May 4 - Victory Against Plastics In Proposed Environmental Education Curriculum

Last summer, it was revealed that the plastics industry heavily influenced some changes to the proposed Cal/EPA Environmental Education Curriculum.

As we noted back in August of 2011, one high school lesson plan titled "Consequences of Consumption" was altered after the industry made some suggestions:

"In 2009, Gerald Lieberman, a private consultant hired by California school officials, added a new section to the 11th-grade teachers' edition textbook called 'The Advantages of Plastic Shopping Bags.' In one instance, the title and some of the textbook language were inserted almost verbatim from letters written by the ACC.

Although the curriculum includes the environmental hazards of plastic bags, the consultant also added a five-point question to a workbook asking students to list some advantages. According to the revised teachers' edition, the correct answer is: 'Plastic shopping bags are very convenient to use. They take less energy to manufacture than paper bags, cost less to transport and can be reused.' "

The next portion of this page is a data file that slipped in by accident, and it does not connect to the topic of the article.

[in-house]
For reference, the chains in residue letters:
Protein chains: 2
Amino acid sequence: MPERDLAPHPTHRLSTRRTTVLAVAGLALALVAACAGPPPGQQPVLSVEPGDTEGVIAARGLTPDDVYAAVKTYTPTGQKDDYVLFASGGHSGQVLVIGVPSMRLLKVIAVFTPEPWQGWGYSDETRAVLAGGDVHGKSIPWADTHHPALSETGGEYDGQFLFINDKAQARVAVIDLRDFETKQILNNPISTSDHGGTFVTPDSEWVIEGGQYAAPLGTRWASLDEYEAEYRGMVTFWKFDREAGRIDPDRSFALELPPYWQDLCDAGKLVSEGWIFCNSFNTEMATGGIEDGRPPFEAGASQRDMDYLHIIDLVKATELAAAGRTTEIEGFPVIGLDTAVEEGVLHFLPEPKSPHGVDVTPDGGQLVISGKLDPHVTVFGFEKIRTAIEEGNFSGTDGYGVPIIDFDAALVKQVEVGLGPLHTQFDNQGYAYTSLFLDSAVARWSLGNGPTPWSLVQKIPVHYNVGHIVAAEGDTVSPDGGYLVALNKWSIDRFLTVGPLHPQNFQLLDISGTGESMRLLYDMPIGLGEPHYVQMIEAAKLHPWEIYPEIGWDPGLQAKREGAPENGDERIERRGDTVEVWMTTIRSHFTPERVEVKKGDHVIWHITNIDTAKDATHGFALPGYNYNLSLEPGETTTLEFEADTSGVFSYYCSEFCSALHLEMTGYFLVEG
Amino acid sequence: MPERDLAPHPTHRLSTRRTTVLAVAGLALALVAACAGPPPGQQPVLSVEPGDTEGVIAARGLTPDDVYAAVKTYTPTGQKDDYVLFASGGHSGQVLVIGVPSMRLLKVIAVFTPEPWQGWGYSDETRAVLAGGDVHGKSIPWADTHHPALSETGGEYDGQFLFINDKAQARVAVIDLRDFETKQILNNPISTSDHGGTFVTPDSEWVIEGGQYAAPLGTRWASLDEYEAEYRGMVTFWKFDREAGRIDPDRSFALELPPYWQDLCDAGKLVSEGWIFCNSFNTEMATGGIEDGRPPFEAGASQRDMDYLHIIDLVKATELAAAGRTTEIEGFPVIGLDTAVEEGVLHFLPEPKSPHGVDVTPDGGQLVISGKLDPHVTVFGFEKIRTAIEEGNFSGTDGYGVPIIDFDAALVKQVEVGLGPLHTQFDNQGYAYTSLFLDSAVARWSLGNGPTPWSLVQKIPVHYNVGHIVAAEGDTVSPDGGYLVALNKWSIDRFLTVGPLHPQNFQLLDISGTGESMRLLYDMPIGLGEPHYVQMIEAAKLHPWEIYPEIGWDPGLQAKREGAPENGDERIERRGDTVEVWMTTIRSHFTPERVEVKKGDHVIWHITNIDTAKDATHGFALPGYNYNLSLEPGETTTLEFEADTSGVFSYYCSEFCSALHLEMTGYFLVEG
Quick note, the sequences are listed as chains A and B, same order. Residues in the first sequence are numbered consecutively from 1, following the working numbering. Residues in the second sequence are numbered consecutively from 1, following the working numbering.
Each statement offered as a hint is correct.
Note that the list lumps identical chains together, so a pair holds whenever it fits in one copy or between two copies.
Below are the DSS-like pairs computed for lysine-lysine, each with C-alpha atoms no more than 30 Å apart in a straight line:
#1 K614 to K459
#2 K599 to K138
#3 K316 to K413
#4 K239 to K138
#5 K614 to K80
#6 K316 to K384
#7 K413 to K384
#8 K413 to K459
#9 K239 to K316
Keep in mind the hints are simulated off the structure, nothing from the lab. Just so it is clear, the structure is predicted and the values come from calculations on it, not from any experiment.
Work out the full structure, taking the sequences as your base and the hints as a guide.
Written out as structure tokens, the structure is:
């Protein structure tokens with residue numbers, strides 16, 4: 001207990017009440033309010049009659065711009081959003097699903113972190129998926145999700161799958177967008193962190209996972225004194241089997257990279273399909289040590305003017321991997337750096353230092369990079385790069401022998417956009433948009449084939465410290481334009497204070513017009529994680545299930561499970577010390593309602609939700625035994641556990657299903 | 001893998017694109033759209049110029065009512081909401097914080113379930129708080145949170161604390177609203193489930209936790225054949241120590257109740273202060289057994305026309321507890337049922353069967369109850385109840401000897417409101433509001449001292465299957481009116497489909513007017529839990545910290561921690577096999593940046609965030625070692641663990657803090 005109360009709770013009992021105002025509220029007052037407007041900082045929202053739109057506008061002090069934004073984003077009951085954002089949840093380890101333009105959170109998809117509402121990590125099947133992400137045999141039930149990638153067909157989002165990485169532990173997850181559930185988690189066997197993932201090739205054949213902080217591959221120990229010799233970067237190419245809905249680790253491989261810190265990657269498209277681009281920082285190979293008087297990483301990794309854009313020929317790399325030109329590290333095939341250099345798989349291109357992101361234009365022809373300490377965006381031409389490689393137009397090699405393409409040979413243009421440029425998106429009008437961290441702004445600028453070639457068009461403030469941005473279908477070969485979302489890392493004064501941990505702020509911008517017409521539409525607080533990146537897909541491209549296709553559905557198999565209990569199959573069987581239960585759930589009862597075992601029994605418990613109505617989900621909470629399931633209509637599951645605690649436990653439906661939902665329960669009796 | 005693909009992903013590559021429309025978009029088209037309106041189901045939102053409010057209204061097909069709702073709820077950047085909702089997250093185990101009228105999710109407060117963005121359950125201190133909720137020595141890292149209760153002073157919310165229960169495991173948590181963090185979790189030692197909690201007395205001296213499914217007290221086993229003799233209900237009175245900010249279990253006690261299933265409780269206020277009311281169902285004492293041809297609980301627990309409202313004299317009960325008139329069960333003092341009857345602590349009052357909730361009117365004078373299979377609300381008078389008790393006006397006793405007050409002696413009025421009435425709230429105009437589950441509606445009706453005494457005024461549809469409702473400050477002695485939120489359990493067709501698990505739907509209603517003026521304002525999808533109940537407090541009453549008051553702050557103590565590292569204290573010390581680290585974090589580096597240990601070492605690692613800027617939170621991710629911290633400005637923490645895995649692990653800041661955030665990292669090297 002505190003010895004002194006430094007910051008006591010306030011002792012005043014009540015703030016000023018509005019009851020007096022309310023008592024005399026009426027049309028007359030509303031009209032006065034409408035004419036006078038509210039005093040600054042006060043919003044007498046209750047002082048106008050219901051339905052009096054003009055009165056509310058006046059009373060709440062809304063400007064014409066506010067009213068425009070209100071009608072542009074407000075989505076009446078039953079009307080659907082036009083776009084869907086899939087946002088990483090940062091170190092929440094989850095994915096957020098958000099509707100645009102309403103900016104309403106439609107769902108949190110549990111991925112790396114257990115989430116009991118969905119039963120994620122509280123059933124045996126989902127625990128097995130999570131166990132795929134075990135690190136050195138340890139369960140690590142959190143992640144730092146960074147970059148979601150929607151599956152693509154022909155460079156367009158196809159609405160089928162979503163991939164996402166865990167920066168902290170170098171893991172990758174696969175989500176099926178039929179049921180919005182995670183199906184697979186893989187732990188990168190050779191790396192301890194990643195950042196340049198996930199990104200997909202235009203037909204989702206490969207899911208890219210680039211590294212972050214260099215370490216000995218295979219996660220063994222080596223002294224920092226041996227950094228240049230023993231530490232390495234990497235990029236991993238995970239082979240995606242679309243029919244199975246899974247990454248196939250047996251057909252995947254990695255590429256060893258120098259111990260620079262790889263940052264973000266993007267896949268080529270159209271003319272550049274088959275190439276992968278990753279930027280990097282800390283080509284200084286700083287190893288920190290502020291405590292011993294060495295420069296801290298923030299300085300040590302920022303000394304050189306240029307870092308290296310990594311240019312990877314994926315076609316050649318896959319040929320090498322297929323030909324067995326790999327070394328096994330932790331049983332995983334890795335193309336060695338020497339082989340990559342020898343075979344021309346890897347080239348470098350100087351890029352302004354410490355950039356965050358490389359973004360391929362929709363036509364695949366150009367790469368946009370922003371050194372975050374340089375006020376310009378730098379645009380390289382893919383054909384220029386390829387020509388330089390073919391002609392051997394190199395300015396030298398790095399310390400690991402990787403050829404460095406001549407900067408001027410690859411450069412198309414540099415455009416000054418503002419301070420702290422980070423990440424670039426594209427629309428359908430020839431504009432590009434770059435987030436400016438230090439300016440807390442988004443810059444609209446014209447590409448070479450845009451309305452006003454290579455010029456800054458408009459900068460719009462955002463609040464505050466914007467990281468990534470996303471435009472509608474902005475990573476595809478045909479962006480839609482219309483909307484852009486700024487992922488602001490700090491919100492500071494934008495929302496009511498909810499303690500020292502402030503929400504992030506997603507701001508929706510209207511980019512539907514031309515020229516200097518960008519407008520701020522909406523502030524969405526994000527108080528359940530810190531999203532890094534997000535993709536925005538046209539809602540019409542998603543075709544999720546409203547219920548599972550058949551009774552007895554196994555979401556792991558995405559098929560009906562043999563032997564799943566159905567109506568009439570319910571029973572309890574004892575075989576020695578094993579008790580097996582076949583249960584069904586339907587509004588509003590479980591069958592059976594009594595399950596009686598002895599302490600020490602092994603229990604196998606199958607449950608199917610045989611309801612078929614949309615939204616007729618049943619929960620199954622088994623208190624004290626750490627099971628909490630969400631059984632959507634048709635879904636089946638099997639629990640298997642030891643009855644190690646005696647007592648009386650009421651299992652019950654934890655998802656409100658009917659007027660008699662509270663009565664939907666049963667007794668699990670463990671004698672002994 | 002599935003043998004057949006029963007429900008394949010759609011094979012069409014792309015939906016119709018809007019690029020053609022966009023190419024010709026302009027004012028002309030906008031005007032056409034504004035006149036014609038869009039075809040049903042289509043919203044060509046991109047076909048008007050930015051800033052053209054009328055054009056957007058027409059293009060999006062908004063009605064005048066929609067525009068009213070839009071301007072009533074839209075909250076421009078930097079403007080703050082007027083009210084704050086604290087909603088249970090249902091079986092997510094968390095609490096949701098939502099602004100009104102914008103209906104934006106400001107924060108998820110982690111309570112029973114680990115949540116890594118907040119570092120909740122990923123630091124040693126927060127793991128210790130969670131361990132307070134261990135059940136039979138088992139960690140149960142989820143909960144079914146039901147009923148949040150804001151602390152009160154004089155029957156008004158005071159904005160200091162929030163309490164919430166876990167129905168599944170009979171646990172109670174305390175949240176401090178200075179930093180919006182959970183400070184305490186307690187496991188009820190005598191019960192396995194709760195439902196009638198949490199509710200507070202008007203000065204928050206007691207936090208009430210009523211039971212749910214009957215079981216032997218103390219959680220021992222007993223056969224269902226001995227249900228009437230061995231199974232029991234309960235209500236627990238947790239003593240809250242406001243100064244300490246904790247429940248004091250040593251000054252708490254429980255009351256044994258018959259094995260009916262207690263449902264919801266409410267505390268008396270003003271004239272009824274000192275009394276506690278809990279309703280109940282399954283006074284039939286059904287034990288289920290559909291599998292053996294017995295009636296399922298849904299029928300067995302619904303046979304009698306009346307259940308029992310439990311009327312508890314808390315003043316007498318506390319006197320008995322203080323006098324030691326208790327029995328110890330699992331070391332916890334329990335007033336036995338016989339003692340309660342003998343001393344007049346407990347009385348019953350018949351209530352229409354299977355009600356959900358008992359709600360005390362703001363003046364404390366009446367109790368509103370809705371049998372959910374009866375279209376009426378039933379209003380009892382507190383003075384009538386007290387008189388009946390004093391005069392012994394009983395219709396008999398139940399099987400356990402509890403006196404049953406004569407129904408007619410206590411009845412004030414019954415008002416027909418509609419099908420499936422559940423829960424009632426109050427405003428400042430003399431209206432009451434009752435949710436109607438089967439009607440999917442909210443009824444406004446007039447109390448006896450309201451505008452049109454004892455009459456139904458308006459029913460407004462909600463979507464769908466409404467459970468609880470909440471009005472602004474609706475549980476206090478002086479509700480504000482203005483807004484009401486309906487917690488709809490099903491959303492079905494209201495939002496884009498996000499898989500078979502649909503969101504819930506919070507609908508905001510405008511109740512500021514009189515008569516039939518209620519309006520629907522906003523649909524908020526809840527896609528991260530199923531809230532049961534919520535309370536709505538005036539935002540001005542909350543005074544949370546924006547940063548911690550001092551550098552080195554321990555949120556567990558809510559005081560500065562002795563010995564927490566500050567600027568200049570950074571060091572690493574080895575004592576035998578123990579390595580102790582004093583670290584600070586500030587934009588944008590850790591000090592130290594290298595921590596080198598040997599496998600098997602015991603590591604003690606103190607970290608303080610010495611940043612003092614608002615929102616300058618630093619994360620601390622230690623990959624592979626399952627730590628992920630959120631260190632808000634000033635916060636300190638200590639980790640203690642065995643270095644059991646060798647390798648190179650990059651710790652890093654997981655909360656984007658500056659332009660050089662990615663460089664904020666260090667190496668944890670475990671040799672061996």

When the story broke, it caught the attention of environmentalists and concerned parents across the state. State Senator Fran Pavley, who authored legislation that led to the creation of the curriculum noted, "The American Chemistry Council obviously got engaged to protect their bottom line."

Today Cal/EPA announced a new and improved set of changes. The comment period ends on June 4.

Read the new version.

According to the Cal/EPA website "These improvements are geared toward ensuring the text is academically rigorous, free of bias, reflective of instructional best practices, and factually accurate (e.g., all statistics reflect the best information available at this time)."

We are pleased to see that the test question "What are the advantages of using plastic shopping bags?" has been reworded to "What factors have contributed to the consumption of plastic shopping bags?".

The recycling rate of plastic bags is also more accurately stated (3% in 2009 according to CalRecycle and not the 12% in the original version).

But most importantly, the "Advantages of Plastic Shoppings Bags" section has been completely removed in this version.